Ubuntu (pronounced /ʊˈbʊntuː/) is based on Debian
| Founded:||October 20, 2004 (edit)|
|Version:||13.04 (Raring Ringtail) (edit)|
|Release Date:||April 25, 2013 (edit)|
|Next Release:||October, 2013 (13.10 - Saucy Salamander) (edit)|
|Platform(s):||i386, Sparc64, AMD64, PowerPC, ARM (edit)|
|Interface(s):||GNOME with Unity shell (default), KDE, XFCE, LXDE (edit)|
|Derivative of:||Debian (edit)|
|Home Page:||http://www.ubuntu.com/ (edit)|
Ubuntu's idiosyncratic name is derived from a South African word which roughly translates to "humanity towards others" or "solidarity among people." This philosophy is reflected in its logo, a highly stylized suggestion of three people of different complexions embracing, arm-in-arm in a circle.
Although Ubuntu is a derivative of Debian, Ubuntu maintains its own packaging infrastructure that is periodically synchronized with the main Debian repositories.
Ubuntu is available in two forms (installable images, and a LiveCD version similar to Knoppix) and on two platforms:
- 32-bit x86 for most computers
- 64-bit for AMD Opteron and Intel EM64T processors
Ubuntu is a community developed operating system that is perfect for laptops, desktops and servers. Whether you use it at home, at school or at work Ubuntu contains all the applications you'll ever need, from word processing and email applications, to web server software and programming tools.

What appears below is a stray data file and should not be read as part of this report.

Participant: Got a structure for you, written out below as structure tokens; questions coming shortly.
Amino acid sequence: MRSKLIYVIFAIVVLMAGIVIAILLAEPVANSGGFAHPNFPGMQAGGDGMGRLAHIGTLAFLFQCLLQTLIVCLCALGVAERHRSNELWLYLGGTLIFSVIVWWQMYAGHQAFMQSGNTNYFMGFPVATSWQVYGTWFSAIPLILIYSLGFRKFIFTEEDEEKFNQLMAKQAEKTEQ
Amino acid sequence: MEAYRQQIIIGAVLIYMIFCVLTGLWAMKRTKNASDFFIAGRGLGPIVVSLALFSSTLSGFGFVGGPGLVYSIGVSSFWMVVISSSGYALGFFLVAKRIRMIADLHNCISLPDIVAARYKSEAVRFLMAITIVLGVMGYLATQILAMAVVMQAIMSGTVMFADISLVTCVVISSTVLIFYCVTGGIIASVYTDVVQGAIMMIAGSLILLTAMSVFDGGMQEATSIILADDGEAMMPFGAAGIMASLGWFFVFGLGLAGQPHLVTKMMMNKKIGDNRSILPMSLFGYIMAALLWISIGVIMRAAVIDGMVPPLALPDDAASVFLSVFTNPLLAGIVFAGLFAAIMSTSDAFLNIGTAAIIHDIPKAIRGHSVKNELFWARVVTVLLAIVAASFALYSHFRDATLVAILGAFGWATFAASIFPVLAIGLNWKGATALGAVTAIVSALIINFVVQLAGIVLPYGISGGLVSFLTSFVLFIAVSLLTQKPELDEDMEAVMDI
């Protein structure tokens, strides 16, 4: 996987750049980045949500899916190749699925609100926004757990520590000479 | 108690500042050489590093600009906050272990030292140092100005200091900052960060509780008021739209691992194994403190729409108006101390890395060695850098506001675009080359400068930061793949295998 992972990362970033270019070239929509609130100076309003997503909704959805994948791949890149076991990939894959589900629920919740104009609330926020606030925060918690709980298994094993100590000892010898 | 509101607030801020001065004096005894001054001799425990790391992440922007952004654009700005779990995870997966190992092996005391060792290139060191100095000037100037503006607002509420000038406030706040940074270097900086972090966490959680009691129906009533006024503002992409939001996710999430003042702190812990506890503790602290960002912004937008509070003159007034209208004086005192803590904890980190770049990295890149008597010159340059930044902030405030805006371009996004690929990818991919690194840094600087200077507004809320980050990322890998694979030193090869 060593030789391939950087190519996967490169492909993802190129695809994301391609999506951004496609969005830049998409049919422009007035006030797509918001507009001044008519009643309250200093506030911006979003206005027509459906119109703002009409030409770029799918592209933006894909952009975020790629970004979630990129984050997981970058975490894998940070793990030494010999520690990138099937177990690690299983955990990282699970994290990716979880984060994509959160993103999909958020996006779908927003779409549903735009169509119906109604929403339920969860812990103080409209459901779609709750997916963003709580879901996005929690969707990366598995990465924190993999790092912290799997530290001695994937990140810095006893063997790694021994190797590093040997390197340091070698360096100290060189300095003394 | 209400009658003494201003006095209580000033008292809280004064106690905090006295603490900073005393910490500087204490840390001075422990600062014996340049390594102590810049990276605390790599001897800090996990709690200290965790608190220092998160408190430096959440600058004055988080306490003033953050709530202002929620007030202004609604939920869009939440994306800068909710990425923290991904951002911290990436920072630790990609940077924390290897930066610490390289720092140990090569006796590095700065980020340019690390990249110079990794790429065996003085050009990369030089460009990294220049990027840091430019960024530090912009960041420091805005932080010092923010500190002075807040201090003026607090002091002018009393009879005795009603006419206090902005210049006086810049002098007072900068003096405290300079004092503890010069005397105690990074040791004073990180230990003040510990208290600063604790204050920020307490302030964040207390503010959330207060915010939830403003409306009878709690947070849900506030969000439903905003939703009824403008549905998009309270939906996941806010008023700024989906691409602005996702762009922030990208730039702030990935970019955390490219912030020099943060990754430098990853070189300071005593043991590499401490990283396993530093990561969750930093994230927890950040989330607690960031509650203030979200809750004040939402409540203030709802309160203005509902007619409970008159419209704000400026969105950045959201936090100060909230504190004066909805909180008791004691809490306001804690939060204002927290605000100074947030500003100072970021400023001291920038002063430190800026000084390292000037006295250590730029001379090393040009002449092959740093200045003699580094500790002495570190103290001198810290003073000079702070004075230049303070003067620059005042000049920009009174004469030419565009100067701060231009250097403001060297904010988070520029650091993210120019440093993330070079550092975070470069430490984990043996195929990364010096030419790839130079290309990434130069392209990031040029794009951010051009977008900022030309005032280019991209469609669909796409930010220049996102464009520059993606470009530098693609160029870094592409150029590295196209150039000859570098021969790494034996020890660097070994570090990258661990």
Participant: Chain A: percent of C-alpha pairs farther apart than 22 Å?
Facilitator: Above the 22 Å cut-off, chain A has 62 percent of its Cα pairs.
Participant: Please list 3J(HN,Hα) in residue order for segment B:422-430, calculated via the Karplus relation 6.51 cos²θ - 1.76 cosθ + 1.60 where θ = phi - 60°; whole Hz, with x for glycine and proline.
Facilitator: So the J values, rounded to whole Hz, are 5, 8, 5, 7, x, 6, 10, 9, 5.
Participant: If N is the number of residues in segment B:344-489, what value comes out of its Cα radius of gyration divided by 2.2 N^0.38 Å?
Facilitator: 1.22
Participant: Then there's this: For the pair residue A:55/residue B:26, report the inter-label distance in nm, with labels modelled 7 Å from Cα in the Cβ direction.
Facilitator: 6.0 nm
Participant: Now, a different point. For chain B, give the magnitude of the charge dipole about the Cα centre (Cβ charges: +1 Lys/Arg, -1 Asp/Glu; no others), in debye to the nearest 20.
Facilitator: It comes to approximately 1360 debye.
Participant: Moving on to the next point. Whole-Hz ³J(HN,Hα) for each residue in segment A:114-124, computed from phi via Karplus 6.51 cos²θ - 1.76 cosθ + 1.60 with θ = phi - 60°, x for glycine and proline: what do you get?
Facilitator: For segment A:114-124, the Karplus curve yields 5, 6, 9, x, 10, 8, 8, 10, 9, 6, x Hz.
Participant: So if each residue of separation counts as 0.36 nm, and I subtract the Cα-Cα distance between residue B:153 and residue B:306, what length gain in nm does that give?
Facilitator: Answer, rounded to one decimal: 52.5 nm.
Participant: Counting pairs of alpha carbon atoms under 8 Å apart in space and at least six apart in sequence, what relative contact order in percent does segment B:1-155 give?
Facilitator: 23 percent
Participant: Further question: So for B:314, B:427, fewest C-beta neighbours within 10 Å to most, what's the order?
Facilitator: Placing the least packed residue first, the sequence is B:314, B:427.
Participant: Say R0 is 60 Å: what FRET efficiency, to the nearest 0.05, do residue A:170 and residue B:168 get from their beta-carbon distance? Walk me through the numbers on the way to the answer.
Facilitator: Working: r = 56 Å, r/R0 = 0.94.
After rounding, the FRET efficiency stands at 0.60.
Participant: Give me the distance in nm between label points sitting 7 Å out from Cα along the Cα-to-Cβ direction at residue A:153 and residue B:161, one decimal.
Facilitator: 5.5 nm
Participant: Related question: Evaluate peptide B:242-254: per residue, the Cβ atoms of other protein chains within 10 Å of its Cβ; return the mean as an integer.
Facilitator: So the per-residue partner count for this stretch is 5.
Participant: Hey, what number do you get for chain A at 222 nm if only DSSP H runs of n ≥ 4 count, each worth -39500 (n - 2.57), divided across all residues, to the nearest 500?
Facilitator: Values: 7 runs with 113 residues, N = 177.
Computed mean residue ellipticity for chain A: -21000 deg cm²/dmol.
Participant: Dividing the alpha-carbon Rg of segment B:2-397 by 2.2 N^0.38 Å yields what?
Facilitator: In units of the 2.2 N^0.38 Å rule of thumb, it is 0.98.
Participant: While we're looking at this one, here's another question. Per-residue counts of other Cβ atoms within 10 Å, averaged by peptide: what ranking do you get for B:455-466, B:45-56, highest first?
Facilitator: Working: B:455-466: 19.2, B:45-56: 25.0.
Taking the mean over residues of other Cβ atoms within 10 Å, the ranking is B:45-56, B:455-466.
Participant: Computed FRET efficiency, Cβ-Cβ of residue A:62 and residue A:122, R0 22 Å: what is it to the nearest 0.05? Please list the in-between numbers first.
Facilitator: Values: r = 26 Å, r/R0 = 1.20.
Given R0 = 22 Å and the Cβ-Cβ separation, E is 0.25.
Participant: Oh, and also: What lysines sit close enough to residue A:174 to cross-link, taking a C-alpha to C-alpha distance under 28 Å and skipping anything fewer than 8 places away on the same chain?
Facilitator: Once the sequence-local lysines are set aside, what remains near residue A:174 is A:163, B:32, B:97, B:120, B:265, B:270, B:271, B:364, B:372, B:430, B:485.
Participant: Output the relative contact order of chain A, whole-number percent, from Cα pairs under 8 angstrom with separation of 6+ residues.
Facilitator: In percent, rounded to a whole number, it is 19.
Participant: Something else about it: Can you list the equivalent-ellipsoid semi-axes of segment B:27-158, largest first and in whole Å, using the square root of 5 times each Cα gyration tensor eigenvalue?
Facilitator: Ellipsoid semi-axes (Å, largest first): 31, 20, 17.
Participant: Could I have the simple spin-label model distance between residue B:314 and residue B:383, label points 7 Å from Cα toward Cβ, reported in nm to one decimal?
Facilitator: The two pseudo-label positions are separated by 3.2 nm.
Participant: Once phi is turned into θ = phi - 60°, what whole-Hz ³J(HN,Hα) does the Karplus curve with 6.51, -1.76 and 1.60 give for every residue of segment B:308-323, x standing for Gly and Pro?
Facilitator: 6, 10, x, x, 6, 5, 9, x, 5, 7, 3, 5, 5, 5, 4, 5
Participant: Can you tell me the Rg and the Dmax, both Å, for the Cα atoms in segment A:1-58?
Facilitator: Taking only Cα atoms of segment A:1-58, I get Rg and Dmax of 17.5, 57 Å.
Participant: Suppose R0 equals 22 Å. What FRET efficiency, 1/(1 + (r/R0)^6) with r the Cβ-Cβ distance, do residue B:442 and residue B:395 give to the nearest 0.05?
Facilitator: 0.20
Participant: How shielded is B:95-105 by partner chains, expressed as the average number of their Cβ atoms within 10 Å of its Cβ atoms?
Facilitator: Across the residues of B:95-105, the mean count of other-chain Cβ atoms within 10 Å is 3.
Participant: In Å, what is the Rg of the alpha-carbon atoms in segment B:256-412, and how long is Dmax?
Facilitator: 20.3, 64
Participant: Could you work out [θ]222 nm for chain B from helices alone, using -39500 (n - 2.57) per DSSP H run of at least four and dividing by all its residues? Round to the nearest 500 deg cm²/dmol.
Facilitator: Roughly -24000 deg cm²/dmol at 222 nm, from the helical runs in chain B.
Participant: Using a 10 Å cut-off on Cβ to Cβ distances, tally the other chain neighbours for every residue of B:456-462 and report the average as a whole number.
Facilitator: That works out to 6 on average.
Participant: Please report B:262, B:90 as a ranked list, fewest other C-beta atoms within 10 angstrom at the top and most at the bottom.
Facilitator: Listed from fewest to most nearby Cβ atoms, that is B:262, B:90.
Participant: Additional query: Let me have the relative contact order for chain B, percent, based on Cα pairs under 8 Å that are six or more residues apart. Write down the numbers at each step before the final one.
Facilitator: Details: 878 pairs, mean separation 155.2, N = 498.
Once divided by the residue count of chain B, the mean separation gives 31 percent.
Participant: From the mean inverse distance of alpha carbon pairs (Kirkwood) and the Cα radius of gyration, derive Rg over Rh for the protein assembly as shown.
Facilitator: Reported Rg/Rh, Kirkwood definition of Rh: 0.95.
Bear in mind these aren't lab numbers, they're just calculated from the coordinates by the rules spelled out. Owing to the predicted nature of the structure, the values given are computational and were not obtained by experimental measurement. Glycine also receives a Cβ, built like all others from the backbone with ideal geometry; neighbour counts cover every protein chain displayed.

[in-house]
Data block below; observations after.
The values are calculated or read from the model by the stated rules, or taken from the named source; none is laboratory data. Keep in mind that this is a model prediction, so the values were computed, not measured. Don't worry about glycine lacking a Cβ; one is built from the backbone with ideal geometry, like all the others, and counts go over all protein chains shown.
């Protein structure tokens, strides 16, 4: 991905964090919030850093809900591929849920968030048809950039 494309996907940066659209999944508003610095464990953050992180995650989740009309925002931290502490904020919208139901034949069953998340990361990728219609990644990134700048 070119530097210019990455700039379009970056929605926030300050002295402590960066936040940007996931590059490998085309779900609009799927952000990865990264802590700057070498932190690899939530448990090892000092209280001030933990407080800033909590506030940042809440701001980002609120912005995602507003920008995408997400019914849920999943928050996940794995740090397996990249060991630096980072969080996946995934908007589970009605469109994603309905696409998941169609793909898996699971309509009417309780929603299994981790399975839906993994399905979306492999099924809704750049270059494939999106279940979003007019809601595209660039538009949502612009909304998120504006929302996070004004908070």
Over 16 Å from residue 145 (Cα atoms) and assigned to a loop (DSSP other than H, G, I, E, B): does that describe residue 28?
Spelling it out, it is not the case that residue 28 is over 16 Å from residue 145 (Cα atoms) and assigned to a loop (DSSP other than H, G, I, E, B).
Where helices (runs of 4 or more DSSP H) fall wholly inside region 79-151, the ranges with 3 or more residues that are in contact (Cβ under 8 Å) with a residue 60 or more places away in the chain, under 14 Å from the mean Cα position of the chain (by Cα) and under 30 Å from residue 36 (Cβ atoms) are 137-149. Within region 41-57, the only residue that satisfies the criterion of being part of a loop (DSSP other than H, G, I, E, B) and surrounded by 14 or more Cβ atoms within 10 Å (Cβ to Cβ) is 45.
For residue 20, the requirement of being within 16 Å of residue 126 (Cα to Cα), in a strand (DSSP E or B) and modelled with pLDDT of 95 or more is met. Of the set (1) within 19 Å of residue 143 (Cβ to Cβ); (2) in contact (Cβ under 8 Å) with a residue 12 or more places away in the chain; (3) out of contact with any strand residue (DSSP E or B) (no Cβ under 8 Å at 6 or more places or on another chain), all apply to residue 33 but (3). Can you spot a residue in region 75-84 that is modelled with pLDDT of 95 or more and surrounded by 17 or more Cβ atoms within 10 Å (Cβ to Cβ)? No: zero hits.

Ubuntu is and always will be free of charge. You do not pay any licensing fees. You can download, use and share Ubuntu with your friends, family, school or business for absolutely nothing.
We issue a new desktop and server release every six months. That means you'll always have the the latest and greatest applications that the open source world has to offer.
Ubuntu is designed with security in mind. You get free security updates for at least 18 months on the desktop and server. With the Long Term Support (LTS) version you get three years support on the desktop, and five years on the server. There is no extra fee for the LTS version, we make our very best work available to everyone on the same free terms. Upgrades to new versions of Ubuntu are and always will be free of charge.
Ubuntu & CanonicalEdit
Canonical actually supports Ubuntu, and in case it ever leaves Ubuntu, it has given the Ubuntu Foundation over a million dollars to operate. Canonical provides support (non-free) to any Ubuntu user. Canonical also can change any part of the Ubuntu system, as part of the contract.
Canonical is a British company focused on helping out Ubuntu and other Oses, along with support for the default programs and settings that come with the software.Currently, there is a fee if you choose to get help from Canonical with a supported OS.
|Official Ubuntu distributions|